• azuazu Posts: 84
    I would drain the oil first.If you can't, you could drive the 7 miles real slow, 25 mph and under, and you may be ok.
  • fleastifffleastiff Posts: 52
    Okay. I'm going to recheck the dipstick and take off the oil fill cap again and look inside. If everything still seems to be too high (which I expect will be the case) I'm going to try to get under the car and see if I can locate and loosen the oil drain. I'll guess I'll just put a pan under it and try to close it after I think about two quarts has run out.

    Oil must have been too high for a long time though, so I'm not sure if all this worry is proper. I did read that high oil levels cause the fast spinning crankshaft to whip up the oil into a froth that the oil pump can't pump. That sounds bad. Don't think I can afford to lose this engine or have any major problems with it.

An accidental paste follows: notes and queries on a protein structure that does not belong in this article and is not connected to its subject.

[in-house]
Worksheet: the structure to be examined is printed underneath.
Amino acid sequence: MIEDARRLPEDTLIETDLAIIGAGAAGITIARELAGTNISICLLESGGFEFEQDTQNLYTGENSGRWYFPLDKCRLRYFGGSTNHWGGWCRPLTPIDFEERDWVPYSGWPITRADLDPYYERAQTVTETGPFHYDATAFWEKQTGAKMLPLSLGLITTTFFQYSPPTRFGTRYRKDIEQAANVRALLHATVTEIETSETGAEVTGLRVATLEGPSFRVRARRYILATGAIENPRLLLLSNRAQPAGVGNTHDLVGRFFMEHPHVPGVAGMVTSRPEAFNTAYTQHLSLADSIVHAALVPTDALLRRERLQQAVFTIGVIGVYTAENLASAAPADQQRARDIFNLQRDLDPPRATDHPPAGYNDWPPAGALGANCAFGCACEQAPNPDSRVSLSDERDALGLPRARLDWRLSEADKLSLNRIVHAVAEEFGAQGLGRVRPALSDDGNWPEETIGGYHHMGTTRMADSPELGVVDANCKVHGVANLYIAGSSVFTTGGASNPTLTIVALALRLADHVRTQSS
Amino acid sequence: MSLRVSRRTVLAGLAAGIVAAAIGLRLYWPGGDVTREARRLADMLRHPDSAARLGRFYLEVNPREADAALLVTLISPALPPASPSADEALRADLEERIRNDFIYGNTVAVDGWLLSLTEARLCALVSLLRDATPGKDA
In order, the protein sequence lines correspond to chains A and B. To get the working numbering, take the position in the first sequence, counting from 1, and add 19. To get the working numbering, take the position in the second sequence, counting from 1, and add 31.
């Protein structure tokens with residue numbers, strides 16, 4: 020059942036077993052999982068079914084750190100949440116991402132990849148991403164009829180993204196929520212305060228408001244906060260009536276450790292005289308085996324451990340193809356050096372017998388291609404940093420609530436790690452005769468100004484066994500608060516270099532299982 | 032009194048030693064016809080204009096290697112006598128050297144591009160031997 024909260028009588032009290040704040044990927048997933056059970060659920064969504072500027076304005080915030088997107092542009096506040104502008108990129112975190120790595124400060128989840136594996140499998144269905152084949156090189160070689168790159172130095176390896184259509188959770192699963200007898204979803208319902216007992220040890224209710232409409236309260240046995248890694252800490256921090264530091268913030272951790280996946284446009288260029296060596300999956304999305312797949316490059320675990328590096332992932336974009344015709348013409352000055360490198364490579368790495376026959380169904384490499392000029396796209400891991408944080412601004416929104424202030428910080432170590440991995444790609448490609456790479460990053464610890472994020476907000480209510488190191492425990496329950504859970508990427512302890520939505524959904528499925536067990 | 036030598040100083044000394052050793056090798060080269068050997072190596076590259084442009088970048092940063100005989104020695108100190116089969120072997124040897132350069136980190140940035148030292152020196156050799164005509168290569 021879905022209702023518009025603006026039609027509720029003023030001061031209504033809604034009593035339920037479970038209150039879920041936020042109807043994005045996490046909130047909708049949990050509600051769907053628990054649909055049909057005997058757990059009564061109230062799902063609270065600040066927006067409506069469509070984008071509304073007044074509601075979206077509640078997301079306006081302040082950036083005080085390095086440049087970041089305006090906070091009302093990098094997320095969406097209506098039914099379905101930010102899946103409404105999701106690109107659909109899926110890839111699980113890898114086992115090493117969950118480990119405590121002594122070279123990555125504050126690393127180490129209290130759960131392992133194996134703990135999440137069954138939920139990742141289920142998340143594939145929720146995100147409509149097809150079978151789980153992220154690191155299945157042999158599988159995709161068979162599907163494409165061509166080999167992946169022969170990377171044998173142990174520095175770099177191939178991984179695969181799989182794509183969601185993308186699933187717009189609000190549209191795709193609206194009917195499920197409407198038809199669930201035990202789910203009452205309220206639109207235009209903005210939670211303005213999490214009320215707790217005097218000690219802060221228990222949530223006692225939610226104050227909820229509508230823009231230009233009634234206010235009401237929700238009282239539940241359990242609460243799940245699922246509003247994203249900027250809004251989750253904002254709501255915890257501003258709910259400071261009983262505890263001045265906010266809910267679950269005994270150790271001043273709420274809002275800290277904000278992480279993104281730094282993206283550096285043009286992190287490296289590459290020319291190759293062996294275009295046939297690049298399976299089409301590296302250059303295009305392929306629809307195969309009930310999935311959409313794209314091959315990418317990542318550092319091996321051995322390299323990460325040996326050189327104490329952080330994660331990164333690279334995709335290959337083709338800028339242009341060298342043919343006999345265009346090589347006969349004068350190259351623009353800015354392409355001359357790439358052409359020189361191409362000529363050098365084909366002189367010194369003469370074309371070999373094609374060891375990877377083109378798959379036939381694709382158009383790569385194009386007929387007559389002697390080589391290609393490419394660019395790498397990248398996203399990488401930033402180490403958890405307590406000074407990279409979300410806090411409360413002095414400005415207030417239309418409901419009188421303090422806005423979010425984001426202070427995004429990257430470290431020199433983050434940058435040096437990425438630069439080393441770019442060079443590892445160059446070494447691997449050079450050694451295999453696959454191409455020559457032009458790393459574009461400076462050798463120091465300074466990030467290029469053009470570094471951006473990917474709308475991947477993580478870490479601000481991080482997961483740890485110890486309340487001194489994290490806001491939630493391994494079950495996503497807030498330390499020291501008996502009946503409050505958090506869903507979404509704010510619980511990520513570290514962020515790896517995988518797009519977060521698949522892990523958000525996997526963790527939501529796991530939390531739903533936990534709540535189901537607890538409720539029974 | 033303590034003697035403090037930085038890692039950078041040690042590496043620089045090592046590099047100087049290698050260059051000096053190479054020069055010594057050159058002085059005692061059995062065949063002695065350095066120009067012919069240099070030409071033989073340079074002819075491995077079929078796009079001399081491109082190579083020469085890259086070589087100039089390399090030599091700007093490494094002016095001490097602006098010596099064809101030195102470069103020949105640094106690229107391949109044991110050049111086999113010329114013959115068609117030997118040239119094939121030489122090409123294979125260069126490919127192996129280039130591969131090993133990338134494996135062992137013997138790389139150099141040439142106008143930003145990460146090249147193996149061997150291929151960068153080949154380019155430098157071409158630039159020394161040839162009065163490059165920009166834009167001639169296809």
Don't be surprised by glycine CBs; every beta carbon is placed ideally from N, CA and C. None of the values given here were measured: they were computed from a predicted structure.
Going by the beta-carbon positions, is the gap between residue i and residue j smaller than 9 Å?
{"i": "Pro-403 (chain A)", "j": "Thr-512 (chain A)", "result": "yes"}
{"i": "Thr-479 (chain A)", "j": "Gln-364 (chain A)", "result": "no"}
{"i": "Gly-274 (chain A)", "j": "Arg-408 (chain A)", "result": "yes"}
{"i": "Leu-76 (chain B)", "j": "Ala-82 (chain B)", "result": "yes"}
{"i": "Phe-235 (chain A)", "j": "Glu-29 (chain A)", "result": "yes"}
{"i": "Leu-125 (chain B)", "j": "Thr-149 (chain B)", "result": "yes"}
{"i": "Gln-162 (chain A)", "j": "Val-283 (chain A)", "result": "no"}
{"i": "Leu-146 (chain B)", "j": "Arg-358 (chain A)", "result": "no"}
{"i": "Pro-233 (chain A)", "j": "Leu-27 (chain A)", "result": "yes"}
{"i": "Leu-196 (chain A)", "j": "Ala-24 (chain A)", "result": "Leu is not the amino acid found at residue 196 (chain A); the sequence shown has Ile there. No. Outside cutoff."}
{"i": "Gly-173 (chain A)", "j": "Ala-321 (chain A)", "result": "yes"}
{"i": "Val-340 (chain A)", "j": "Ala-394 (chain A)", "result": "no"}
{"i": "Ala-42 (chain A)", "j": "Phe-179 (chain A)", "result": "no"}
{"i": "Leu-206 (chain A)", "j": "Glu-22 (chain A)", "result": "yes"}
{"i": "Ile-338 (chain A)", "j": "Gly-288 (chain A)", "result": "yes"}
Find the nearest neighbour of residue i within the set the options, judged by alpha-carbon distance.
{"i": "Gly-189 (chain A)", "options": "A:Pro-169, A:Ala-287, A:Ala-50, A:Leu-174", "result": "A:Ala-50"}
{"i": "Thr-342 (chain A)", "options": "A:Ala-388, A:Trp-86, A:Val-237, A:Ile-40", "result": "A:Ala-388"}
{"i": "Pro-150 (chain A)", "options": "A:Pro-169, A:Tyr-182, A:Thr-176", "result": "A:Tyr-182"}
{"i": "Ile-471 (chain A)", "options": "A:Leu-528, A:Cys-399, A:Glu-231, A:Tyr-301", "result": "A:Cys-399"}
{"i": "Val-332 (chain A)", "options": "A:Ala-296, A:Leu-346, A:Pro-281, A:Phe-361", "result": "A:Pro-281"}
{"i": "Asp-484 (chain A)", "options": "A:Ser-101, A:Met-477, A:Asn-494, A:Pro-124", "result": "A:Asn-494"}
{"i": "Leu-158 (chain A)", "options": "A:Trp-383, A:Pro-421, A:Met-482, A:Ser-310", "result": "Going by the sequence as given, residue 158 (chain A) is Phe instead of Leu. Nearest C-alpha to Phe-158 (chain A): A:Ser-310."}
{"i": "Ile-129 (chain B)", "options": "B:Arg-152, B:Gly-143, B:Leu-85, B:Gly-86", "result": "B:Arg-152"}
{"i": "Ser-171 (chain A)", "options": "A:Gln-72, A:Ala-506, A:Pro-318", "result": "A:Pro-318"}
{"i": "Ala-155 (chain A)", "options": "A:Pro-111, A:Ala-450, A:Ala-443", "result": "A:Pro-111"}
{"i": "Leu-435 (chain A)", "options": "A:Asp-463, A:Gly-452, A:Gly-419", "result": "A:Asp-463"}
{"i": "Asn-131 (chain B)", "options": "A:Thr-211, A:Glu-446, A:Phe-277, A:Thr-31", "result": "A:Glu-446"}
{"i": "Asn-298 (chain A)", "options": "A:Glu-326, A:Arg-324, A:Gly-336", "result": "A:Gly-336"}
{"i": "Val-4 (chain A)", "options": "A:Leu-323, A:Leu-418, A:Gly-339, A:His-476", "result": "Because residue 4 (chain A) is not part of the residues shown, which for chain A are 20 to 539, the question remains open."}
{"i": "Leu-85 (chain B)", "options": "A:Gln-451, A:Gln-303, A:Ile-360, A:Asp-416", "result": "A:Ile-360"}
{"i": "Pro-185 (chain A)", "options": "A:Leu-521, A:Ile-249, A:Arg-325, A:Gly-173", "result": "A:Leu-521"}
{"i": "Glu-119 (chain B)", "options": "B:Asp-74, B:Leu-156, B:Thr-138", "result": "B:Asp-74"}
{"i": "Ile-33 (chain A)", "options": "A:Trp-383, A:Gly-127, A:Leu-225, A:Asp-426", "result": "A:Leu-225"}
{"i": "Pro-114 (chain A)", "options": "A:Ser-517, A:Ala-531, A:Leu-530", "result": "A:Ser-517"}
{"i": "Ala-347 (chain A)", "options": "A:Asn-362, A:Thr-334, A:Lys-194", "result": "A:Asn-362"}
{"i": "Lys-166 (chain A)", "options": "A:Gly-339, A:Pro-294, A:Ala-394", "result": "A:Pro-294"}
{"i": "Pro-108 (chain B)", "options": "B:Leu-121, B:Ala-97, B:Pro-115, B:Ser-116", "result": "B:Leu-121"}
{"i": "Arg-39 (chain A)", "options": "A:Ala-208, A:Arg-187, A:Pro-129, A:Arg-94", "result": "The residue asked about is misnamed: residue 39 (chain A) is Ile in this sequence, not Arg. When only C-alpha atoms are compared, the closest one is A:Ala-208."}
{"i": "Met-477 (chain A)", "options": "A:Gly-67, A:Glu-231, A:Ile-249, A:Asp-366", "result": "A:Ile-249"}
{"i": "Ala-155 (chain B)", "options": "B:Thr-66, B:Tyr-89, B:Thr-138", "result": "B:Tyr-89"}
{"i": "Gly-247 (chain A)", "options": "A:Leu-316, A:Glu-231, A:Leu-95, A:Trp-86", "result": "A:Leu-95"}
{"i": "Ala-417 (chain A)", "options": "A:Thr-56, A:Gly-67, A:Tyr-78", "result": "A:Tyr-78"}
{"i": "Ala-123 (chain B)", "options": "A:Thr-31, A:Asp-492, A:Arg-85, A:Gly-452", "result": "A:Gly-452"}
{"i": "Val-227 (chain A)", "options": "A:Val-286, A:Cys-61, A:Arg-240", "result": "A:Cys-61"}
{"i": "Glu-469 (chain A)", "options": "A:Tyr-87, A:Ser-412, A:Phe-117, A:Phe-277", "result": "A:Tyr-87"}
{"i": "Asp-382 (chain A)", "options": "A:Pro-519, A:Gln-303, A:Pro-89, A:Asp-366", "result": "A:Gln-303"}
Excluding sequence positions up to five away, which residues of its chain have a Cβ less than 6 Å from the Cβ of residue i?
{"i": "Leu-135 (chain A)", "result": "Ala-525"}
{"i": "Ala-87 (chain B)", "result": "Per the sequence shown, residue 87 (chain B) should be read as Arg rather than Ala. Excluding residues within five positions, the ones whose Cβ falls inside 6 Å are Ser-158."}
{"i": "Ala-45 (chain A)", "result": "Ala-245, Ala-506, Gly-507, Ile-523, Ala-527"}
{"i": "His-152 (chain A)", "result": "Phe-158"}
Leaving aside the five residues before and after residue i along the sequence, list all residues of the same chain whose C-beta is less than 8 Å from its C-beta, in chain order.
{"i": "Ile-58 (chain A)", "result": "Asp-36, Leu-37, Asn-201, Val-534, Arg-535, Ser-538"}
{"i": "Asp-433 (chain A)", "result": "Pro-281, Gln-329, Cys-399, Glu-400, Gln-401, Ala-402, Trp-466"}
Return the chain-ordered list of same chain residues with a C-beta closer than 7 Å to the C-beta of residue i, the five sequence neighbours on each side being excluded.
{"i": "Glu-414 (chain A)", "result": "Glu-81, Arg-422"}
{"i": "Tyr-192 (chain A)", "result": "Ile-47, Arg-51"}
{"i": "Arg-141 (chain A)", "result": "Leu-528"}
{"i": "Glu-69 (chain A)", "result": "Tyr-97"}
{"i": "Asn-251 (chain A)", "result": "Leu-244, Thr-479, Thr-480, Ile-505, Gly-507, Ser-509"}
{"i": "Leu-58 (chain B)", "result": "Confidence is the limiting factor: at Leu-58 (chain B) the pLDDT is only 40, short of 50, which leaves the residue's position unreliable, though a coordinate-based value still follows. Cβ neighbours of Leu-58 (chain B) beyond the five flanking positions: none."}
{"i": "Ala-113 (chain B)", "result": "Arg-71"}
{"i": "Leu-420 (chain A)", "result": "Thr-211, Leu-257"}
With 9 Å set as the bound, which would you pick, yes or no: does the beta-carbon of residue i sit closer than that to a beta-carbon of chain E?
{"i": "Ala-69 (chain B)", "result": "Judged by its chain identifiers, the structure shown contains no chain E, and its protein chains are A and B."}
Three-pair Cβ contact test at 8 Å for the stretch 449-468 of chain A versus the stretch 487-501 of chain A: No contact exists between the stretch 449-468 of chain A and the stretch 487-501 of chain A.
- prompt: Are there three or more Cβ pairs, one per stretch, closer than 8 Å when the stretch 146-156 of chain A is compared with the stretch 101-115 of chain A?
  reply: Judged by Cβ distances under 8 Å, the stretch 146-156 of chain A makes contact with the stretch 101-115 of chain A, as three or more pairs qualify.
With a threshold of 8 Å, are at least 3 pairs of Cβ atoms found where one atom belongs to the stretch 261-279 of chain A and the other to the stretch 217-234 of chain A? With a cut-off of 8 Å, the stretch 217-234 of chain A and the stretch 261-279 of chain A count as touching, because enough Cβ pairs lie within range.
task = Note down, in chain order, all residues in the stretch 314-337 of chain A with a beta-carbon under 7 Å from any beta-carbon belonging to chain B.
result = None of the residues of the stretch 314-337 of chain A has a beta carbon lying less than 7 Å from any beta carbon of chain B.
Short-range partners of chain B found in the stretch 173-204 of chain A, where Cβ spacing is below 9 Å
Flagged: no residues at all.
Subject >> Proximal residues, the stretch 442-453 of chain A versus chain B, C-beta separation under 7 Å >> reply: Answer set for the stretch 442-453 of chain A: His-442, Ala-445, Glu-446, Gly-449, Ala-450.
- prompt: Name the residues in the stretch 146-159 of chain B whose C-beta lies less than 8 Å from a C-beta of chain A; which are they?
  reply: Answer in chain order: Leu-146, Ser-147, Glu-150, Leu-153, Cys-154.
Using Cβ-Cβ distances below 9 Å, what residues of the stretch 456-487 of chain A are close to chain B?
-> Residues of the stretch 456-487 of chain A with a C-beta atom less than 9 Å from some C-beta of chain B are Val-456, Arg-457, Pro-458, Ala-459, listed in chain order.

• I have had that problem chasing the misfire, i found it to be a codepo304. which was the #4 cylinder . i should have done the compression test first . but i didn't . and bought new wires plugs and a coil pack . . the problem was from when i had the intake and heads replaced . the mechanic , over tightened the exhaust rocker arm bolt , which after 4k miles finaly pulled out of the threads . i put it back on with a healy coil. . i went to the junk yard and found a new rocker arm and push rod, ( if you go used , look at the 8 th letter in your vin number and get the same . cause most used a 10mm bolt , i had the newer 8 mm bolt .) so if you have a misfire. it is not always a coil, plug or wires . it could be a pulled / stripped rocker arm bolt ! i hope this helps
  • fleastifffleastiff Posts: 52
    Mechanic's conclusions: